Following discussion with Mr. Pavel concerned on likelihood analysis of Fermi's data (see also the general description of likelihood analysis) and a creation of an illustration for Practicum, I created a toy model demonstration of capture of photons by event-counting area detectors. The key property of a fictions detector is to collect photons during unique time-samples by increasing pixel value in a random place. We can metaphorically designate the model as a photon raining detector.
More precisely, the algorithm can be represented as (sources: ccdnoise.tar.gz):
- generate random X coordinate
- generate random Y coordinate
- add +1 to pixel on X,Y
- back to 0.
(All, that's all).
The probability of capture of an event in the time period is given by Poisson distribution
p_k (fT) = (fT)^k e^(fT) / k!
- the p_k is probability of capturing of k-photons during time period T when averaged flux is f photons per time unit
- the events are statistically independent (photons doesn't interacts)
- consequence is that the zero, one, or more photons can be captured in a single pixel during T
Final results has been displayed in following animations. Both show imaginary detector on the left and empirical distribution - histogram (number of detections in a given level) of photons.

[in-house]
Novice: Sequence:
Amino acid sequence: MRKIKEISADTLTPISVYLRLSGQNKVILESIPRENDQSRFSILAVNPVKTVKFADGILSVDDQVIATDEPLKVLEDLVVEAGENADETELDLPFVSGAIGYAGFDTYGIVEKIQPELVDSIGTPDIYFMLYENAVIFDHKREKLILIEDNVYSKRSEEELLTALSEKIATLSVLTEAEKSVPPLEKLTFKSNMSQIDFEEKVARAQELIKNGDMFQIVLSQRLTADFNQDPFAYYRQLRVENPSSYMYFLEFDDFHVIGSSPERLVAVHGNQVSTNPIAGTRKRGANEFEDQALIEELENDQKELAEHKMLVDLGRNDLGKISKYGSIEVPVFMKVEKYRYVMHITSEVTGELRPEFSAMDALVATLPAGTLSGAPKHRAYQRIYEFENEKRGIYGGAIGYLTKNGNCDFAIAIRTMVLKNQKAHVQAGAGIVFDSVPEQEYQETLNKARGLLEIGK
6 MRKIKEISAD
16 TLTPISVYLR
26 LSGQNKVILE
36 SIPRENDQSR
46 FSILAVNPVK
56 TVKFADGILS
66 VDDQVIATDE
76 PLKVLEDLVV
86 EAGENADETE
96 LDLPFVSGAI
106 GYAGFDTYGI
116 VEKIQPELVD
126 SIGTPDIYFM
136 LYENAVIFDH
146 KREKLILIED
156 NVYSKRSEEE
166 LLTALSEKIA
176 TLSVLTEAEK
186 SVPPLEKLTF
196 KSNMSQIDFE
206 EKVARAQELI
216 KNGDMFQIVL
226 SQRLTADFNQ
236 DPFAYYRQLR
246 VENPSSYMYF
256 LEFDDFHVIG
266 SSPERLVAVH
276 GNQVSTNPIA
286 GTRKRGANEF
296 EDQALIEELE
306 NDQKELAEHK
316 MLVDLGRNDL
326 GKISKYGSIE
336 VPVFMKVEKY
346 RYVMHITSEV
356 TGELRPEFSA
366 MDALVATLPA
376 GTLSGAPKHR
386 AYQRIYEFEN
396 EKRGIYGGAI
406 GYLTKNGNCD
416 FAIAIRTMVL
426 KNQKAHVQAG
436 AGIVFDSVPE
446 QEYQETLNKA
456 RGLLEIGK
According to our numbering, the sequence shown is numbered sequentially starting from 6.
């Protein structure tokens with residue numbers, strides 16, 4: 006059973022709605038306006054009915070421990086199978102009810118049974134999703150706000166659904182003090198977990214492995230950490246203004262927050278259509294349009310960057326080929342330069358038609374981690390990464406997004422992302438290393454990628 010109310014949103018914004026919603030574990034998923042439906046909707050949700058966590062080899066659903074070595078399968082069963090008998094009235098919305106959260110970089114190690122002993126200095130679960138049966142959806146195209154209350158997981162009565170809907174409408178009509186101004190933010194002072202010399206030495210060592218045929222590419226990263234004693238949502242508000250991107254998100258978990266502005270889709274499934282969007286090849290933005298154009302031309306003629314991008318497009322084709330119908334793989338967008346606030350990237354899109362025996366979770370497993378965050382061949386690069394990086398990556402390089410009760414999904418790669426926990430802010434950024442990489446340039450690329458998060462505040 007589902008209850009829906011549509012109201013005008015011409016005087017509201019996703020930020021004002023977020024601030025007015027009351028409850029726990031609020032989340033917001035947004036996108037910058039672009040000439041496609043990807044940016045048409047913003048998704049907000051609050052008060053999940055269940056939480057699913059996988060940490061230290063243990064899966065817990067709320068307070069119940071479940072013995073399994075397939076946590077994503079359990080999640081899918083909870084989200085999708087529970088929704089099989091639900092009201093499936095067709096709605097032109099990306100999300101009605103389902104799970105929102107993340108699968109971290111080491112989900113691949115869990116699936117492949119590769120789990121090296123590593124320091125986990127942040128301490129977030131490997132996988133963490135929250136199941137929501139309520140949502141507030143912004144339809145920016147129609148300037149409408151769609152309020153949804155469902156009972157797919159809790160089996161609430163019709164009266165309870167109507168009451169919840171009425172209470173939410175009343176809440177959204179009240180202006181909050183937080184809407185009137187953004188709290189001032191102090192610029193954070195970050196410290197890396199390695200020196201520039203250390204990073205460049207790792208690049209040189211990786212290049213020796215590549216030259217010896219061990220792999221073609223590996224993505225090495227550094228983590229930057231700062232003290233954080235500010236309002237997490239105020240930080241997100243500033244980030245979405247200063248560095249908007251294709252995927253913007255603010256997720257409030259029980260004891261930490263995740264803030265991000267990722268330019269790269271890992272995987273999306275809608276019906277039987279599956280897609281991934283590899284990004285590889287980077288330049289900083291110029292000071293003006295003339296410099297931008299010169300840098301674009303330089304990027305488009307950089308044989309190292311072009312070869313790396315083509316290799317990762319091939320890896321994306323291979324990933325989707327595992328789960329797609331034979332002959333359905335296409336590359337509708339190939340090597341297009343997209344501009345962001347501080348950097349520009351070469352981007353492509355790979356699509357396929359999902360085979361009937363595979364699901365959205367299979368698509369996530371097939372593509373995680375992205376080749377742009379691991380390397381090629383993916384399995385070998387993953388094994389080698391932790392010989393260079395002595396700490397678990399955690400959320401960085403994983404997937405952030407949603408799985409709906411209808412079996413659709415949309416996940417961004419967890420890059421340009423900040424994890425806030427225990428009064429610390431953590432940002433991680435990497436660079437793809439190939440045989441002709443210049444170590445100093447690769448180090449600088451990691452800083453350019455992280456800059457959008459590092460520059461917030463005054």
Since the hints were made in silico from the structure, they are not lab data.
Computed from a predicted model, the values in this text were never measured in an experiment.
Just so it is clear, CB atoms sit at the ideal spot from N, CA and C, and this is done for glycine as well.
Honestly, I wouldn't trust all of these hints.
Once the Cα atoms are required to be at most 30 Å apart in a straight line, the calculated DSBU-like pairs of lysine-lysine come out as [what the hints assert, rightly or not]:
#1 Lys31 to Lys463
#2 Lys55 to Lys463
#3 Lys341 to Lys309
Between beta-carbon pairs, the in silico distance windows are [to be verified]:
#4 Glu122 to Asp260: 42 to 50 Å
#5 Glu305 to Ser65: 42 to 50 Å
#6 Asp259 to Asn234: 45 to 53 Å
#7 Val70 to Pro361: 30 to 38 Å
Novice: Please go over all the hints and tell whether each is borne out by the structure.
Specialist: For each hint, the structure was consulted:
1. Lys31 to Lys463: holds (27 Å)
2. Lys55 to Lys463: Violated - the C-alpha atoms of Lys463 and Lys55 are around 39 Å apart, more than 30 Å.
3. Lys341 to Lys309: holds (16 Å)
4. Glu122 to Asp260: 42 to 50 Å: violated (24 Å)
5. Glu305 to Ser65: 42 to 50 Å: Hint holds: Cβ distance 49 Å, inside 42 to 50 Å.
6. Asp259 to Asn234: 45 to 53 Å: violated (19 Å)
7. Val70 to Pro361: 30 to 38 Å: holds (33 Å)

The first animation shows state shortly after start of raining. We can see:
- the noise in start is relative huge, noise disappear with time
- the mean gray goes from black to (light-)gray
- the distribution histogram is highly non-symmetrical shortly after start
- mean of the distribution increases proportionally to time
- the distribution metamorphosing from Poisson to Gaussian
Second animation shows status on a long-term scale:
- the noise is strongly reduced, practically disappear with time
- the noise is not visible at end of simulation (uniform color)
- the width of distribution increases with time,
- but relative uncertainty decreases as sqrt(t)/t suppressing noise
- distribution histogram approaching Gaussian, very nice illustration of the law of large numbers
Note that imaging has been set to show increasing mean during first animation and reducing relative noise during second animation.
Along with the animations, I computed mean and standard deviation of rain. The results are in graph. The standard deviation is perfectly fitted by square root. One is excellent demonstration of the important property of Poisson distribution.